Since 2017, Scotland has made funding available for Scottish schools, colleges, and universities to provide free period products. The products are often available in bathrooms. This was the fundamental success of the project since the stigma surrounding periods can deter people from asking for help or speaking out about period problems.
The purpose of the Bill (Period Products) is to ensure that the service is protected by law. Currently, institutes and public bodies are not obliged to provide products. Once legislated, the Bill will mean they have to offer free products and it will give the Scottish Government power to make “other public bodies provide” free products.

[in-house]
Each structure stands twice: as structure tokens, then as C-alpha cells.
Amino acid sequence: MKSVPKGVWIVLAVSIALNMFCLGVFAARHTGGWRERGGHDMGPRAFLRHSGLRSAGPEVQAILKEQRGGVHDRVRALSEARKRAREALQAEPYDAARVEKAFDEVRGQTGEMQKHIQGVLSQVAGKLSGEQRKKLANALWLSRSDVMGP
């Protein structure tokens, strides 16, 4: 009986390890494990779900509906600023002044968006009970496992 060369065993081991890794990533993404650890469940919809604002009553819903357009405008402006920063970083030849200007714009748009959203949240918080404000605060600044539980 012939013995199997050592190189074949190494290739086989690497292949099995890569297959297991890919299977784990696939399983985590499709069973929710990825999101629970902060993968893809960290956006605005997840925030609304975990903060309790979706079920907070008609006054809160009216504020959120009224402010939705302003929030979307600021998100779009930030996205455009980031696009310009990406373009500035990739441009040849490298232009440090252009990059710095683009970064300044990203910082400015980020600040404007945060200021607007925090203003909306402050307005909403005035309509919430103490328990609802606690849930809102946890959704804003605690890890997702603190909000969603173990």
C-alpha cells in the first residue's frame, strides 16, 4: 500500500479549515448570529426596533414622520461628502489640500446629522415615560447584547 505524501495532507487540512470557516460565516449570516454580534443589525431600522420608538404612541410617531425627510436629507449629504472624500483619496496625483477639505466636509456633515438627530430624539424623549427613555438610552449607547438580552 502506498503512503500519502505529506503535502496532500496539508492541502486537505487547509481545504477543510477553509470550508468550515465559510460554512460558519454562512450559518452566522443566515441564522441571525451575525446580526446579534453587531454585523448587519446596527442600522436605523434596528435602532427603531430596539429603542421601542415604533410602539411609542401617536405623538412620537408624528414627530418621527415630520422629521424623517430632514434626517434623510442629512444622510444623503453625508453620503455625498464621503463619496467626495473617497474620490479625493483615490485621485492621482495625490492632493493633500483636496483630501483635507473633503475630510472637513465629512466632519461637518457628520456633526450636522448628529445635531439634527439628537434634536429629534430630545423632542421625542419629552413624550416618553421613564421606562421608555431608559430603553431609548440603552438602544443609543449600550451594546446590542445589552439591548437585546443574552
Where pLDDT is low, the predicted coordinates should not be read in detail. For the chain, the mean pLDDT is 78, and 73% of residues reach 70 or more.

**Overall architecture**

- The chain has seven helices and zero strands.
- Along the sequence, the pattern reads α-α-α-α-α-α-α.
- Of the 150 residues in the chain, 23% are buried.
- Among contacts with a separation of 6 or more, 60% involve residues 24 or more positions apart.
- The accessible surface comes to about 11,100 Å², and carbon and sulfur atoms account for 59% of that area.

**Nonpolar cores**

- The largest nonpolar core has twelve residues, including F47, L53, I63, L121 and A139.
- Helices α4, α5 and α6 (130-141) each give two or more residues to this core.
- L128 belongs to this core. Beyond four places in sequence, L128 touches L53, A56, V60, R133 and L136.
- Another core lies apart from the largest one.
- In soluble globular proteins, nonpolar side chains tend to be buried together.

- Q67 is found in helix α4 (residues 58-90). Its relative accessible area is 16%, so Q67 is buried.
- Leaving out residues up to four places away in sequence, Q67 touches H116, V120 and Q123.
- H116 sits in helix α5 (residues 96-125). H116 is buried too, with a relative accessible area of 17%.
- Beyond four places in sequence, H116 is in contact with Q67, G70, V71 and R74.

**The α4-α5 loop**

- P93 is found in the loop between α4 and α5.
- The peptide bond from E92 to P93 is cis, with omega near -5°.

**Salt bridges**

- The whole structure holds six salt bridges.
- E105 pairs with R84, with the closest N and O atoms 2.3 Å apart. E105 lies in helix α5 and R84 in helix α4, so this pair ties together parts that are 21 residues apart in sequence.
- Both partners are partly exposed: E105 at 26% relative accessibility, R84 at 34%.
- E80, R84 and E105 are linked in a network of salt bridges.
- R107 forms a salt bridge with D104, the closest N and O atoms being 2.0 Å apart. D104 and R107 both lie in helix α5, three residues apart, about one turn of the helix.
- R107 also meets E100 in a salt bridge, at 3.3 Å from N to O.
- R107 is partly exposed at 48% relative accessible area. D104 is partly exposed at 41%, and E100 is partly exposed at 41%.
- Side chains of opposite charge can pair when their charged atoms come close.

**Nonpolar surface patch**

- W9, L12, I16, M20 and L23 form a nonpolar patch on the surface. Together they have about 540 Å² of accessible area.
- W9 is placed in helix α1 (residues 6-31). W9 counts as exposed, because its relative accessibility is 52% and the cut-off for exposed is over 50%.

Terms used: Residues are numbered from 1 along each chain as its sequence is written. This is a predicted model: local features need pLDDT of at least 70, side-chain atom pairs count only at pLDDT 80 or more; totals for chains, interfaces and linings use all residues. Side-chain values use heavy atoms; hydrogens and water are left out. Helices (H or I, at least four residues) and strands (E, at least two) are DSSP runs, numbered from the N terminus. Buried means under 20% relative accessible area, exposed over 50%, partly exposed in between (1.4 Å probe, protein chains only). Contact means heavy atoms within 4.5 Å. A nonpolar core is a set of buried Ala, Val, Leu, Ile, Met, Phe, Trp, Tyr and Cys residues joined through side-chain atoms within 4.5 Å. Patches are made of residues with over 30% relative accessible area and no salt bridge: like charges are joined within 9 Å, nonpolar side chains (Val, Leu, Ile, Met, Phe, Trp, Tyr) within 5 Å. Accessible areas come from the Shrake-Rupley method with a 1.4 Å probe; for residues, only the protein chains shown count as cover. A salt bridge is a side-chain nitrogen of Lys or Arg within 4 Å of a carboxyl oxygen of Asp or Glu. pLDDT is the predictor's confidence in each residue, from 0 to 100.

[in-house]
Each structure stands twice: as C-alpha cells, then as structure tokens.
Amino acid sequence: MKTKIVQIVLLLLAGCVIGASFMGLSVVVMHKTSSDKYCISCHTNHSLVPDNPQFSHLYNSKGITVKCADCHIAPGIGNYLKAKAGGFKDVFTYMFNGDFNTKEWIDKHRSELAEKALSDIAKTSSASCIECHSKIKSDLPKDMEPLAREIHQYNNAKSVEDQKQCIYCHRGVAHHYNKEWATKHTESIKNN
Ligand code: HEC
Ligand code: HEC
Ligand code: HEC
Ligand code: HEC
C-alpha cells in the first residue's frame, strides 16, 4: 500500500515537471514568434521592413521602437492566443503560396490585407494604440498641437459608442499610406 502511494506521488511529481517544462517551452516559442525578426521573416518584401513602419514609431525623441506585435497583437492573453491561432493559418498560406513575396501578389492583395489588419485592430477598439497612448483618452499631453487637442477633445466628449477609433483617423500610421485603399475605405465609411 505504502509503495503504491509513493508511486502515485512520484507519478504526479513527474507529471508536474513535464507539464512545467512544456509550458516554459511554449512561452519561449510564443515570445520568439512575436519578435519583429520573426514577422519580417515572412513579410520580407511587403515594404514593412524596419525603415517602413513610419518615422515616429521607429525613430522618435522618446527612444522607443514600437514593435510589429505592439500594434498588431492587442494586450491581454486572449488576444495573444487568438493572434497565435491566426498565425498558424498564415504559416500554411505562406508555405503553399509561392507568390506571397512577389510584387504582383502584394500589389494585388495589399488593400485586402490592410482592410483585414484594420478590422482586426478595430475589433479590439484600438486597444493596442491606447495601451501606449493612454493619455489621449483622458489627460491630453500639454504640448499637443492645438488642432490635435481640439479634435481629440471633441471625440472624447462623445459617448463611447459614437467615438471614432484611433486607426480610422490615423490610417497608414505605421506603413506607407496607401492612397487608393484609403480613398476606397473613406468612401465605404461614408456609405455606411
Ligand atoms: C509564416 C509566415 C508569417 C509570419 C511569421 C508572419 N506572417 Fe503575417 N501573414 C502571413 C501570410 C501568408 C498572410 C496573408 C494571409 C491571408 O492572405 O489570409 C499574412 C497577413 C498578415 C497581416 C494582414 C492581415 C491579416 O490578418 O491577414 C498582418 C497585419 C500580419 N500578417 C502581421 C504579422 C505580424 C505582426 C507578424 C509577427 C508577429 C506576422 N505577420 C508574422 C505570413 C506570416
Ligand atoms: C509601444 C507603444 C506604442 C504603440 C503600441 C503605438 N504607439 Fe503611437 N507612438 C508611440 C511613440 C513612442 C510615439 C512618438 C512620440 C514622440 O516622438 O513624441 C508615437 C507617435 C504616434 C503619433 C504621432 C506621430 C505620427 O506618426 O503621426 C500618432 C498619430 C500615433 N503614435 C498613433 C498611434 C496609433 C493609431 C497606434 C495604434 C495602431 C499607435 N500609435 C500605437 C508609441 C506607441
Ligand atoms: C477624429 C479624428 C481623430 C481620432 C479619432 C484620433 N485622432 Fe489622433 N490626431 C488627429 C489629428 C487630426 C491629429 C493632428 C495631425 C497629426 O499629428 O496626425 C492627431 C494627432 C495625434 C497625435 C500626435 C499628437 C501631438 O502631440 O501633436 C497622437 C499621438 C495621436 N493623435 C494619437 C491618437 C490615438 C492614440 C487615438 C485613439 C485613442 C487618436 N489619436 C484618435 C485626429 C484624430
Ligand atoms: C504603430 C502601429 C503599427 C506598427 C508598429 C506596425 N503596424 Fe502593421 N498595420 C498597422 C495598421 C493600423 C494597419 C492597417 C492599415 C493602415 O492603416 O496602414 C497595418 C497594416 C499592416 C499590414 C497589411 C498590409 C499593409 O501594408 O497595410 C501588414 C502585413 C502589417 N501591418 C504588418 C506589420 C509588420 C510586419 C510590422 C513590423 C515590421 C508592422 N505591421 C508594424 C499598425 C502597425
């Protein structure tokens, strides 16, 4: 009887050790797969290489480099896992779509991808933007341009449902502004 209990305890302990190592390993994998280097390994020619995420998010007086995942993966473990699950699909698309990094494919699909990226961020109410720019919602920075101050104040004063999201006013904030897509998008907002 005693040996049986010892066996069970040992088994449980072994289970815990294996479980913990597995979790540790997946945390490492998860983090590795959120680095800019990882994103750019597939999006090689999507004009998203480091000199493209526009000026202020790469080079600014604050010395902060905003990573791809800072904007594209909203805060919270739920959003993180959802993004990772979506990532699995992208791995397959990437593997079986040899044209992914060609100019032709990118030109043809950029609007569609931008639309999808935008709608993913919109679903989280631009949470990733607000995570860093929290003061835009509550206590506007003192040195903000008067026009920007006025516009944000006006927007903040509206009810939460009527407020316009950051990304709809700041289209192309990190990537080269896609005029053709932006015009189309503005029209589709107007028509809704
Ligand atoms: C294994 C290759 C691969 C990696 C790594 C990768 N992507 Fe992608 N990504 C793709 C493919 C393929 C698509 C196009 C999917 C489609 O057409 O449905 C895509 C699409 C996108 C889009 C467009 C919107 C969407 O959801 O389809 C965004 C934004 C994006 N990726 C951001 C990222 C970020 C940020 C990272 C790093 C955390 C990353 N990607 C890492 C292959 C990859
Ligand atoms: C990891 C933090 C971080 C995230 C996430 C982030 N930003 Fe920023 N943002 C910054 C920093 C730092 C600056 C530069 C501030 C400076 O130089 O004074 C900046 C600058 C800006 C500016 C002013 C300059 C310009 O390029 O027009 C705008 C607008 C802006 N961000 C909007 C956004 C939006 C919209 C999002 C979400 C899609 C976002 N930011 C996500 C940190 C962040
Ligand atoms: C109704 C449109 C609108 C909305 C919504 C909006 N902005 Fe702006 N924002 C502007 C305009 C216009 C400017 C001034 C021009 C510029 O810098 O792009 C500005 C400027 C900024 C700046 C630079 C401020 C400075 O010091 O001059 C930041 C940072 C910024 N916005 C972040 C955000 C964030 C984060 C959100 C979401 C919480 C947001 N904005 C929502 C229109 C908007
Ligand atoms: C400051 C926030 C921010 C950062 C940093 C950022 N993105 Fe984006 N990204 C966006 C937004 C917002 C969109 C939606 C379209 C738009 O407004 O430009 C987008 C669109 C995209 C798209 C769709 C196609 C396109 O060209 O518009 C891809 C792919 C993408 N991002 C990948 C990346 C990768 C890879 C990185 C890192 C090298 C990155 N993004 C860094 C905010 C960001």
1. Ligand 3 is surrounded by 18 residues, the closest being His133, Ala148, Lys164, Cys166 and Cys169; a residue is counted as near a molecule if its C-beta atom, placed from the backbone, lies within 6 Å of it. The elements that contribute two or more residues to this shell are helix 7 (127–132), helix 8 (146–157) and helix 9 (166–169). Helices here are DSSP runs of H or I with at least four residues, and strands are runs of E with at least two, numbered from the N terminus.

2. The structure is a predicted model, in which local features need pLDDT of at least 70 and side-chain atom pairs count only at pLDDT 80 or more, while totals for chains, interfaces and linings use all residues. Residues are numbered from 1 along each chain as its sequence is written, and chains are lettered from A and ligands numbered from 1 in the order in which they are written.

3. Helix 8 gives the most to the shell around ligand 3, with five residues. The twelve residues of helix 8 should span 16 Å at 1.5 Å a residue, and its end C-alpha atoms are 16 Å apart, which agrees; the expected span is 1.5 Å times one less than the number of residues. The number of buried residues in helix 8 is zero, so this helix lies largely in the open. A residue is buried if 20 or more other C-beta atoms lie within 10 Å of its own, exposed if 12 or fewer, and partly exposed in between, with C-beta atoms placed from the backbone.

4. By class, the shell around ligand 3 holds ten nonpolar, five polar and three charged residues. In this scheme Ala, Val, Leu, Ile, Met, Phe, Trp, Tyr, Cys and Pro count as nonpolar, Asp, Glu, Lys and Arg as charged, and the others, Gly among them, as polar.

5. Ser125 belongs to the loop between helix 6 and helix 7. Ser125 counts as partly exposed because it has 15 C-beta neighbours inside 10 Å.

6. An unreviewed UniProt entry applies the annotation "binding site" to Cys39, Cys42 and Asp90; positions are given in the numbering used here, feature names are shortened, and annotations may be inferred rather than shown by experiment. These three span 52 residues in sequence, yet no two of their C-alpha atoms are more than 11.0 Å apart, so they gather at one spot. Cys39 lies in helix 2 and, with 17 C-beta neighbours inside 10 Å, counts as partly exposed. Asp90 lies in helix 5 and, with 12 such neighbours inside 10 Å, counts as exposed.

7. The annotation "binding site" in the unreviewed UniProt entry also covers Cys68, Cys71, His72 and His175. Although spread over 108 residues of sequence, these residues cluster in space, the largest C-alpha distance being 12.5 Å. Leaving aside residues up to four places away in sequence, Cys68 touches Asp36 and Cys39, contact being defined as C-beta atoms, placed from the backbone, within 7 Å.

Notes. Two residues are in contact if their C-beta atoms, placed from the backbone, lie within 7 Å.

Success is No Accident
Superficially, the Bill can appear vague. It states that the products are free for “people who need them” and does not give strict guidelines for implementing the service. However, I believe this is one of the real triumphs. The Bill’s flexibility guarantees that this service is for a broad group of people and can be tailored to suit the needs of different communities.
The Bill stresses that period products are free for “people who need them” as opposed to just women. This inclusive language ensures that the products are for women, intersex, non-binary and trans folk. This was deliberate. Activists have advocated that inclusivity helps to make society more welcoming and makes bathrooms more accommodating, and therefore safer spaces for these folks. Acknowledging everyone who has periods helps to destigmatize menstruation. Furthermore, it helps encourage people to feel confident seeking help for, and talking about, reproductive health needs.